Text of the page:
Seeing a window of opportunity on Saturday and before the offspring of hurricane Nadine was forecast to hit, I decided to spend the afternoon on the Blackwater again, chancing my arm for a few more of those Chub. It was a brilliantly sunny day and perhaps I was expecting too much after my previous trips, given the bright conditions and and low water levels I thought it would be a bit of an uphill struggle and I wasn't wrong, starting in a few spots where I had some success on previous trips I was finding an instant lack of action from the off, almost as if there was no one at home in any of them.
I made my mind up to head much further downstream, as I fancied the look of a few swims, the first one being on a slight bend in the river with tree coverage and some weedy rafts, this spot looked perfect but it was very shallow and the water clarity was like crystal. Not to be put off I decided to place the bait as tight as I could to the edge of the weed rafts, in hope that I could tempt any fish that might be skulking about underneath.
But alas nothing, the only twitch being provided by a crayfish that scuttled under the weed rafts to intercept my lobworm. I moved further downstream, finding another nice compact area, with plenty of coverage.
|Home sweet home, or is it?|
The swim looked spot on for a fish or two and I was feeling a lot more confident as I lightly cast the hookbait to the edge of the cover. There was no doubt the spot was giving off the right vibes and looks, but alas nothing showed, I was starting to wonder just where these chaps were hiding.
I moved on to an area partially seperated by a fence, the river widens at this point and it has some nice gravel runs, but it is also very shallow, I spotted a couple of nice looking Chub, patrolling up and down every so often and this was enough to tempt me, although I can't really say that I was feeling that confident, twenty minutes after casting I watched the Chub as they came back to the gravel run, they showed their intent by taking a wide birth around the area before coming back, only to skirt round the area for a second time, having tried a fair few swims I was beginning to scratch my head, whilst begging the sun to ease off of the water a little. Below this area the river narrows into a bottleneck, becoming very overgrown but with enough room to place a bait.
A sumptuous looking spot and as I cast into it I said to myself, "this looks perfect". Sure enough I was soon receiving taps, the rod twitching and jerking every so often, but only chublets were forthcoming, by now the time was getting on, the sun looking tired, giving off an autumnal watery warmth, now I had past a spot earlier on but had not fished it, a massive bed of matted weed one side and a nice tree covering the water, providing shelter, with just a couple of gaps where a bait could be placed between the streamer weed.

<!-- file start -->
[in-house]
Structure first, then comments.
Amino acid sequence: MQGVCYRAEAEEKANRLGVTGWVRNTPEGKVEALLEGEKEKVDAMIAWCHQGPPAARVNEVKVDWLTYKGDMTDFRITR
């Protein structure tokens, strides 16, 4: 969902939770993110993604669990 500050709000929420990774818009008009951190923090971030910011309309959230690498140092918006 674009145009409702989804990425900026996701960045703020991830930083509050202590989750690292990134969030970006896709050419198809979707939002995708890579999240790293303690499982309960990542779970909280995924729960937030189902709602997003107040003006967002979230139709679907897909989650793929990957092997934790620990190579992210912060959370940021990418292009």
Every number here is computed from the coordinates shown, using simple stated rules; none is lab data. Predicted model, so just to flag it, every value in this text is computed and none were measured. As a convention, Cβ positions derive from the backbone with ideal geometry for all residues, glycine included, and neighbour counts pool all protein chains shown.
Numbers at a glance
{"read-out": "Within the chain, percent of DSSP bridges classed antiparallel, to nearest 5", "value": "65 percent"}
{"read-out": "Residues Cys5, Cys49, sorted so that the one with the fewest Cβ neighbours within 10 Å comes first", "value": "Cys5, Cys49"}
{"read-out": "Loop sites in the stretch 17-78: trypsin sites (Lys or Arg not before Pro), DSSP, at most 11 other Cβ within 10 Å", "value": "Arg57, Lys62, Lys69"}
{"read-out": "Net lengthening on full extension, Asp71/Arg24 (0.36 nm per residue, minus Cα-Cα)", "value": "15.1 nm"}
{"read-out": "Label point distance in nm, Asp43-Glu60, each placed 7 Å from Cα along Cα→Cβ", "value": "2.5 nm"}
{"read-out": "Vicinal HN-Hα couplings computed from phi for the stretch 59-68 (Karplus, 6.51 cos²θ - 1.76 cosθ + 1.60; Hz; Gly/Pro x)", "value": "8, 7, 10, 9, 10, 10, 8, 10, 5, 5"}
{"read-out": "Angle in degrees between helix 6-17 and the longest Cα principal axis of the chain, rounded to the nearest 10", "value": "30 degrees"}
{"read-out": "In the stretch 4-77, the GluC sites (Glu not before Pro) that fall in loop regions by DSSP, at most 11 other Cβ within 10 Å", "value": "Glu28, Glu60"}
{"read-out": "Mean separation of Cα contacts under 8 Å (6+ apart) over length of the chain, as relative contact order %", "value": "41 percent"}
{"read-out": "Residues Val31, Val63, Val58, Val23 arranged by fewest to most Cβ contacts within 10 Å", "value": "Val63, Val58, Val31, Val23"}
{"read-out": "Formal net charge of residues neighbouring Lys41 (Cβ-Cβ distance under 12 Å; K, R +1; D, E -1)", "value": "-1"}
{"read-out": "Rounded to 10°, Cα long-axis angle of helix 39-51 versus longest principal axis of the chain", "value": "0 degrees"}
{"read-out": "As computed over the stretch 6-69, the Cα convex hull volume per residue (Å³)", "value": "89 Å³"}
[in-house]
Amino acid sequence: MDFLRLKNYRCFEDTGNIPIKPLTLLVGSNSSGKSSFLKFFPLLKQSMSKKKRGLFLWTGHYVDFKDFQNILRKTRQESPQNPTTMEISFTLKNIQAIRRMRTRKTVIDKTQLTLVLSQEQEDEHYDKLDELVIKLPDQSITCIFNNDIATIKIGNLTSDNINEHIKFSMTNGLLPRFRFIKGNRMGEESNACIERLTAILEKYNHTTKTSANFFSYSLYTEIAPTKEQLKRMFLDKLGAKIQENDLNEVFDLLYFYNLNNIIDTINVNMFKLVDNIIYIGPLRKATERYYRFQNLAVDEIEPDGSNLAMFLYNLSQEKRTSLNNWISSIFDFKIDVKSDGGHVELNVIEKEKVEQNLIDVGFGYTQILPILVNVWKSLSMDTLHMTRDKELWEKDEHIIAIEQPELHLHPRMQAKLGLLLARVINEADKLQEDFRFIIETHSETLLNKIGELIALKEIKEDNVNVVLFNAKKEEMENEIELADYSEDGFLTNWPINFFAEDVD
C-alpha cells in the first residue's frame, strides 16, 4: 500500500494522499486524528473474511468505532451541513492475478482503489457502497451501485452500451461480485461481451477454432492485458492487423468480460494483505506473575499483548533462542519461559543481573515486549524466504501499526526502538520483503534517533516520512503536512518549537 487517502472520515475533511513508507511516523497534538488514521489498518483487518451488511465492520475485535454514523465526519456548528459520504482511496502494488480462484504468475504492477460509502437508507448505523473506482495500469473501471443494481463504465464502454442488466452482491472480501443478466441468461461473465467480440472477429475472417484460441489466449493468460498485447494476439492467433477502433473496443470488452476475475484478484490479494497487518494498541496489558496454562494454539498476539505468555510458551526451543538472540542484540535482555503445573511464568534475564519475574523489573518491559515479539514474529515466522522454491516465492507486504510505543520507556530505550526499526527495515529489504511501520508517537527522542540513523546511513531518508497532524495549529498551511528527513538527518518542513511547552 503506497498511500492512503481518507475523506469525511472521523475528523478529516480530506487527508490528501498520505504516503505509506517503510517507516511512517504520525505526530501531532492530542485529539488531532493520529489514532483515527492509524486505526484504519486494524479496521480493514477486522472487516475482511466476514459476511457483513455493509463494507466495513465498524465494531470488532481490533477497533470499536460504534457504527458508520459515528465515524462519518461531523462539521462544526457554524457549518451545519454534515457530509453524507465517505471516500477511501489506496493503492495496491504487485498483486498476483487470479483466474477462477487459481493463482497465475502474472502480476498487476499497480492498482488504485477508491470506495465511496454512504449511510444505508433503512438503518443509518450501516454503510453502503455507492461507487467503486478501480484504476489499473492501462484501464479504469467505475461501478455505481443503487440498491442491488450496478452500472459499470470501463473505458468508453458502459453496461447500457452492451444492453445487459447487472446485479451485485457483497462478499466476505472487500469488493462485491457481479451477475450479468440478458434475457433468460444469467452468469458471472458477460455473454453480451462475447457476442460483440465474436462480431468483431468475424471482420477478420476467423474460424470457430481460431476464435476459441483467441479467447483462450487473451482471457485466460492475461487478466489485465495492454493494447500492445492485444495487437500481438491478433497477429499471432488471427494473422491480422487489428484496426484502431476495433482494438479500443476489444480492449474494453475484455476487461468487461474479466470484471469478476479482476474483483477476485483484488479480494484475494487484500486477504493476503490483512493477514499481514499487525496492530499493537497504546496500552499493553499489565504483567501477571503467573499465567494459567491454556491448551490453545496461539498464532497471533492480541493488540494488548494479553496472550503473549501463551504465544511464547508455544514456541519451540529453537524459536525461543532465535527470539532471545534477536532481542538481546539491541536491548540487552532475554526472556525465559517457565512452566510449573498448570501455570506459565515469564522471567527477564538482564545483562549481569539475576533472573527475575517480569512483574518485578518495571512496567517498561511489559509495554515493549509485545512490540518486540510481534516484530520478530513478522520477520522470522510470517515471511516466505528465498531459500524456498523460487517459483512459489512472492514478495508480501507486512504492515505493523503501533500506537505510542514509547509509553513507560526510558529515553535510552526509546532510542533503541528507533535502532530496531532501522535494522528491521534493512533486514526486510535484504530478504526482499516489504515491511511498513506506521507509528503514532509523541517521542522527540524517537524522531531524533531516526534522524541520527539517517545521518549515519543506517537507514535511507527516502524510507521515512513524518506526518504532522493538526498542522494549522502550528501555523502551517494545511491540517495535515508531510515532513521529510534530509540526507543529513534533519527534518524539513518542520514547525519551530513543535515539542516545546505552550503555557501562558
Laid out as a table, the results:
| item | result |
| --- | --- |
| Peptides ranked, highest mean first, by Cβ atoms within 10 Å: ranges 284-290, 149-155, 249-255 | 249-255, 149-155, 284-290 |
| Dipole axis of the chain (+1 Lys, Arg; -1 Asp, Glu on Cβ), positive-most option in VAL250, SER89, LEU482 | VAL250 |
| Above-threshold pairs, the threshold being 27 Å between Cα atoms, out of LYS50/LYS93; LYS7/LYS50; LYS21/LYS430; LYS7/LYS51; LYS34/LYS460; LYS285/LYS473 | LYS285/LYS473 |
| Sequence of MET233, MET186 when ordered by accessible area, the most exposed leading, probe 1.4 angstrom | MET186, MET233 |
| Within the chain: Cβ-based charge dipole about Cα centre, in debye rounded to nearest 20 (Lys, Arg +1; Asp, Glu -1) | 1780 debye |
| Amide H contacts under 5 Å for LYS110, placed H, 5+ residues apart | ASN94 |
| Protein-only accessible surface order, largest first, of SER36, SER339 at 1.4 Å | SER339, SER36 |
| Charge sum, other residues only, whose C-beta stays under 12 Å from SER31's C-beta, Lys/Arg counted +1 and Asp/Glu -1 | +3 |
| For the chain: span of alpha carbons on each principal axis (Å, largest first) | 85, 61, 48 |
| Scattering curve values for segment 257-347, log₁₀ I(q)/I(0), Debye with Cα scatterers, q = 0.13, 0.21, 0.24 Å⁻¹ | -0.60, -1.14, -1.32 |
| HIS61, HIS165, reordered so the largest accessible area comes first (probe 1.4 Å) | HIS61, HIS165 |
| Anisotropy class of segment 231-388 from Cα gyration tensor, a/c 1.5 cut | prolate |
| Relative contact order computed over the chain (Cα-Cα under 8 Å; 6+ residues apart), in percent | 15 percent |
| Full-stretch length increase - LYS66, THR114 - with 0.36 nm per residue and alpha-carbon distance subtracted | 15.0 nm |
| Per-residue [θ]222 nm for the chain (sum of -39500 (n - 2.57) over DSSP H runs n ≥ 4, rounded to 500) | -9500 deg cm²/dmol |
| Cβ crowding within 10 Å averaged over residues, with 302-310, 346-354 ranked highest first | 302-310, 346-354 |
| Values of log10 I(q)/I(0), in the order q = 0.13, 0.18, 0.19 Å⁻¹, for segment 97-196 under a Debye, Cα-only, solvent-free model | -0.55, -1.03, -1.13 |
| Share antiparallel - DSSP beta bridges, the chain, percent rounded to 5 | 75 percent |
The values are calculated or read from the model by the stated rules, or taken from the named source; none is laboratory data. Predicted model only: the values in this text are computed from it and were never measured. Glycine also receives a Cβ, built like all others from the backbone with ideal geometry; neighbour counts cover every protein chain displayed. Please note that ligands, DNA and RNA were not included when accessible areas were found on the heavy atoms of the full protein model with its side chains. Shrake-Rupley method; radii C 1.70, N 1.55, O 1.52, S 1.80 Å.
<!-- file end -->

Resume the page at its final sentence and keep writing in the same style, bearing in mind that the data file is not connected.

On the way back upstream, I placed a bait there, doing so I noted something in the swim, I looked again, almost doing a double take and sure enough it was a toy duck, bright yellow, replete with cartoon eyes and orange beak. I grinned, I was deep down hoping it was perhaps a sign of good luck. I chuckled at myself for that thought.
After twenty minutes a few plucks began, I was thinking to myself that it was perhaps crayfish once again homing in on the lobworm, but the plucks began again, this time with renewed conviction, could there be a cheeky chevin at home?
The bite never developed into a full blooded one, but as I struck, all hell broke loose, the quivertip replied by arching round urgently as the fish made for the safety of the overhanging tree, opting to try and keep as tight line on it as possible, I let the rod soak up as many lunges as I could, in the end I had no choice but to give the fish a bit of line, at this point the line twanged as it caught one of the nearby branches, many possible outcomes were racing through my mind at the time, all of them ending with me losing the fish, eventually and after too many heart in mouth moments, the fish was slid into the waiting landing net.
A chunky fish, the scales settling on 4lb 12oz, the largest Chub I have been lucky enough to catch from this wonderful little waterway. I tried for a couple of hours into darkness in a swim a few metres downstream, hoping to tempt another one, but only crayfish were willing to preoccupy themselves with my bait.
By 9pm it was feeling cool for late September, I decided to pack up. It had not been an easy afternoon roving about, but it had been a very enjoyable one and with a very welcome reward, on leaving the river I took one last look at the swim, thanking both the river and that lucky rubber duck.